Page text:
Despite the Coega IDZ and the harbour; despite a good network of highways, rail and air transport; despite its enormous potential as a tourist destination, Nelson Mandela Bay Metro has a broad unemployment rate of nearly 37%.
Here is a city that has almost everything it needs to really take off, and yet more than a third of its adult population is jobless. I say “almost everything” because the one thing that is lacking is probably the biggest maker or breaker of investment decisions – and that is good, clean, stable governance.
The metro is on its third mayor in five years. It’s taken three years to fill the positions of Executive Directors. The City Manager – the highly capable and head-hunted Lindiwe Msengana-Ndlela – quit her job last year after only five months because of unbearable political interference from the executive mayor and deputy mayor. Not only was she pressured to manipulate tender and appointment processes, but the mayor even went as far as making veiled, sinister threats of “…violence and the ultimate price that is paid by those who do not submit to majority rule”.
It is time voters learnt that voting for a government with a track record of corruption is interpreted by that government as voter endorsement of corruption.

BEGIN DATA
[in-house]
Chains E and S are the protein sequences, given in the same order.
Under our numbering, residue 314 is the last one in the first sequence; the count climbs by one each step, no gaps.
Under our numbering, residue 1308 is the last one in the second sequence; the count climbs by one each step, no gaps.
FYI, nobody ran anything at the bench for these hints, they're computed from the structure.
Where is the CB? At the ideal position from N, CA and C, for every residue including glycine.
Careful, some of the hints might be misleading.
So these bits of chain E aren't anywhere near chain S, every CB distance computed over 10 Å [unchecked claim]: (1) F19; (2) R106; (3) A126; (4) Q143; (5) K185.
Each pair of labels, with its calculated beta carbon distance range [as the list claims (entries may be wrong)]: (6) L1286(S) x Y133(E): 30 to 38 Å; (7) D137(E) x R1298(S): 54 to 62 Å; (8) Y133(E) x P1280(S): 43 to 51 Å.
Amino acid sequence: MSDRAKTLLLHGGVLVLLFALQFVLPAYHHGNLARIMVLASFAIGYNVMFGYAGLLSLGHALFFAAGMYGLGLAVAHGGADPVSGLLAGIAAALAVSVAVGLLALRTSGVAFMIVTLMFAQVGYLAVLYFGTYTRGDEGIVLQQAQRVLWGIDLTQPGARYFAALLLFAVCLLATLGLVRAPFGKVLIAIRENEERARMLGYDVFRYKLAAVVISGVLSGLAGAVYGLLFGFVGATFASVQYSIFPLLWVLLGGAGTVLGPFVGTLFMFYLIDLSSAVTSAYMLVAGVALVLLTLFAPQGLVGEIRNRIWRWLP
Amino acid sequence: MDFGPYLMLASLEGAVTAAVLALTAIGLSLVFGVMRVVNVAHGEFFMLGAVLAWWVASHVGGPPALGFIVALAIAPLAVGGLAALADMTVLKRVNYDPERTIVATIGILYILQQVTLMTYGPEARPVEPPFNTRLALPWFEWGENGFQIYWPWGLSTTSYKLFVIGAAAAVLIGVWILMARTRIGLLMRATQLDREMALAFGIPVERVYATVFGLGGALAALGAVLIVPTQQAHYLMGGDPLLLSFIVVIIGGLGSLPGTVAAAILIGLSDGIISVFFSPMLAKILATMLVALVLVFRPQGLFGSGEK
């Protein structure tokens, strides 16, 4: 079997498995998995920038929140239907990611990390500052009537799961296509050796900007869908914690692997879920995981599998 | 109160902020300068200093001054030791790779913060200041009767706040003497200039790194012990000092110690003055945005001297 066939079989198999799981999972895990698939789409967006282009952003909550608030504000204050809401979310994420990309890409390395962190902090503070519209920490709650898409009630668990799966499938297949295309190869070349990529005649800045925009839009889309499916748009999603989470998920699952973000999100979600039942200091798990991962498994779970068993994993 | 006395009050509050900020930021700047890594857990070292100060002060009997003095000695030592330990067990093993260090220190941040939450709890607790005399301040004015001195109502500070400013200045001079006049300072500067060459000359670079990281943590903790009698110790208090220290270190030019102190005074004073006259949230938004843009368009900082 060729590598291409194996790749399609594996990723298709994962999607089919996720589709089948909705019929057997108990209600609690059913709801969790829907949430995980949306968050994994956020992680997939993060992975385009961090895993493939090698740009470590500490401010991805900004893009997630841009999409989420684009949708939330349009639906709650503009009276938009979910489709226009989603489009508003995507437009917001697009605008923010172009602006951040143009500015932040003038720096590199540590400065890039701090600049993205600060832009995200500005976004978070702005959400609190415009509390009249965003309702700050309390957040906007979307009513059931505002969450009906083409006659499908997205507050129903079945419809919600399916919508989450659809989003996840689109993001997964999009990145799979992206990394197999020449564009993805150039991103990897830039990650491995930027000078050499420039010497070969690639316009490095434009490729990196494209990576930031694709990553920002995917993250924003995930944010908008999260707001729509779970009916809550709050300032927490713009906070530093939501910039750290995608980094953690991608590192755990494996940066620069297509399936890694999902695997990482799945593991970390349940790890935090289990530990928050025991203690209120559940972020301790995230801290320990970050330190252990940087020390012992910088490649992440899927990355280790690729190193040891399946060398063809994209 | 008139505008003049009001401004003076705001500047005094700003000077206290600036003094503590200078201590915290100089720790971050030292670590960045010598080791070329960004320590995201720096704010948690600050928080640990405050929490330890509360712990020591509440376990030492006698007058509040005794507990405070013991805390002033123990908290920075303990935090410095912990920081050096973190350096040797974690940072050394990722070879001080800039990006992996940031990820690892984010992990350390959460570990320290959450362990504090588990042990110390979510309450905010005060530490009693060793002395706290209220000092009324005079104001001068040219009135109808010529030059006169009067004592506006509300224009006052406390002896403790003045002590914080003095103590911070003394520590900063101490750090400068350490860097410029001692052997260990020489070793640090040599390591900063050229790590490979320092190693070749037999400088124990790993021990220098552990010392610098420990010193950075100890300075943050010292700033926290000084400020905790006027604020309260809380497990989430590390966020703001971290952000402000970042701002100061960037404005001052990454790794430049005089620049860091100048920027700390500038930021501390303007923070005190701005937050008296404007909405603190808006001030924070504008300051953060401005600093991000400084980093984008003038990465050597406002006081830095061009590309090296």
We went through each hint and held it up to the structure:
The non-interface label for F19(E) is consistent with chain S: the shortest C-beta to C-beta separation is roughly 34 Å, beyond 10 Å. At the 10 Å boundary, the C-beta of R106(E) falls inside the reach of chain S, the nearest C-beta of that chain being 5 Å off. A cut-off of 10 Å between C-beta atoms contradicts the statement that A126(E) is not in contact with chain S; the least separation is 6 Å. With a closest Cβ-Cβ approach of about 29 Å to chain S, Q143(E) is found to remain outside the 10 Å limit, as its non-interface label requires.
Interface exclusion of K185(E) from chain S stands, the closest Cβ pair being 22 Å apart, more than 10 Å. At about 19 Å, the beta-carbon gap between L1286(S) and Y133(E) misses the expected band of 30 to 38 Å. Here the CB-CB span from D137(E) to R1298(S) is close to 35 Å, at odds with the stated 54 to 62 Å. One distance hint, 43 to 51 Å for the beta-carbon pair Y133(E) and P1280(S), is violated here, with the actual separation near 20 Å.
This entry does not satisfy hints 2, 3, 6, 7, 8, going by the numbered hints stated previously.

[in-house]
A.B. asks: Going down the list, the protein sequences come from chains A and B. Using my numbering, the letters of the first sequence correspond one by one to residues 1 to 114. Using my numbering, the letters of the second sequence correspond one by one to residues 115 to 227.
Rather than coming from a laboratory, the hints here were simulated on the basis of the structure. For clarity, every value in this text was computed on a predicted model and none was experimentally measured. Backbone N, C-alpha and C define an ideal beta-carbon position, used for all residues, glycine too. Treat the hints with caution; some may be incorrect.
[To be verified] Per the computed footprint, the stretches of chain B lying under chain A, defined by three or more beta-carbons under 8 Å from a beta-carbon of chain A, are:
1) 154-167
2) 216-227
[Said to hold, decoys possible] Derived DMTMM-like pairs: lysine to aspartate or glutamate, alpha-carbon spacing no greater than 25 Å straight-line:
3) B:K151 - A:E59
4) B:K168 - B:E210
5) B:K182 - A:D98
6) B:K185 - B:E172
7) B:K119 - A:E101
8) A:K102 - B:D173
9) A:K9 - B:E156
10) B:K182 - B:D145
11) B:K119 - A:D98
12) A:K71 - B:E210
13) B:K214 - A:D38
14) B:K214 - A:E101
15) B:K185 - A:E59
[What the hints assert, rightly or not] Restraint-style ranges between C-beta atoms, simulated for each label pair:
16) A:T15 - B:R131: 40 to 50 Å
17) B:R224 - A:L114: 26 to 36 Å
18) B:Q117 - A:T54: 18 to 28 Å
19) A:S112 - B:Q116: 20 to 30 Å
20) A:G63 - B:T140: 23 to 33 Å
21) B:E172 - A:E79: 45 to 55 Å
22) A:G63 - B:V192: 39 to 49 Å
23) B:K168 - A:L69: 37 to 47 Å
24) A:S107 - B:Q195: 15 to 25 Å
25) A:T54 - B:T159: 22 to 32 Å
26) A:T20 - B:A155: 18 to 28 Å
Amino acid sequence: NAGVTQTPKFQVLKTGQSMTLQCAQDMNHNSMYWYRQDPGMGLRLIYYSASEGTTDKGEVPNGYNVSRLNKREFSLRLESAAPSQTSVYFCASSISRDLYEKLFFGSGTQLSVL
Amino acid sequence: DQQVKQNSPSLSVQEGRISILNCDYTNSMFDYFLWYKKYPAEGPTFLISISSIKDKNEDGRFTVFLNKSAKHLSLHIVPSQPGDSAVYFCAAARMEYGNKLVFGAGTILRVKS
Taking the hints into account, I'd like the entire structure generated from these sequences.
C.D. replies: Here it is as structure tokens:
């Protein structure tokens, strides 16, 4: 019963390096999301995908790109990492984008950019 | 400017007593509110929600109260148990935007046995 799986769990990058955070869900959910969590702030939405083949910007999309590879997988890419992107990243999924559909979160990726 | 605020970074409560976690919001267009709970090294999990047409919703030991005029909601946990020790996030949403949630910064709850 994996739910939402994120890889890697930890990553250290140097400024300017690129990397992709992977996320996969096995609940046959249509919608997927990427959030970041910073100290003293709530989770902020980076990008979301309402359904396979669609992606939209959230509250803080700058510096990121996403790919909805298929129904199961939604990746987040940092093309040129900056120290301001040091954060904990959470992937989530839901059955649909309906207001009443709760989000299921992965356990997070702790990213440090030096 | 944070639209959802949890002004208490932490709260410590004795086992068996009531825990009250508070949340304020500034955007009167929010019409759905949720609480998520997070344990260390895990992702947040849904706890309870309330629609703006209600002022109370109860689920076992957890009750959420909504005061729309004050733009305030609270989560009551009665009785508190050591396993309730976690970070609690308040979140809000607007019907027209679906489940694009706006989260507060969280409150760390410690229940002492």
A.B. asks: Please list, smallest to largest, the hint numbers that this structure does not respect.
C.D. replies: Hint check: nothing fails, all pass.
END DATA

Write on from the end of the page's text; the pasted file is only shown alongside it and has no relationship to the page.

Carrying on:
Unsurprisingly, Msengana-Ndlela wasn’t prepared to work under those circumstances, and left the City. The wrong person left.
Equally unsurprising is the lack of large investments in the region. This political manipulation of state institutions, and the resultant instability is precisely what drives big corporations away from Nelson Mandela Bay Metro. More than anything else, potential investors want stability, policy clarity, fair rules and predictability.
What they also want – particularly if they’re in the industrial or manufacturing sectors – is a steady supply of affordable electricity. And this is not what they get. Electricity in Nelson Mandela Bay is amongst the country’s most expensive, and there are no guarantees to potential investors that their demands can be met.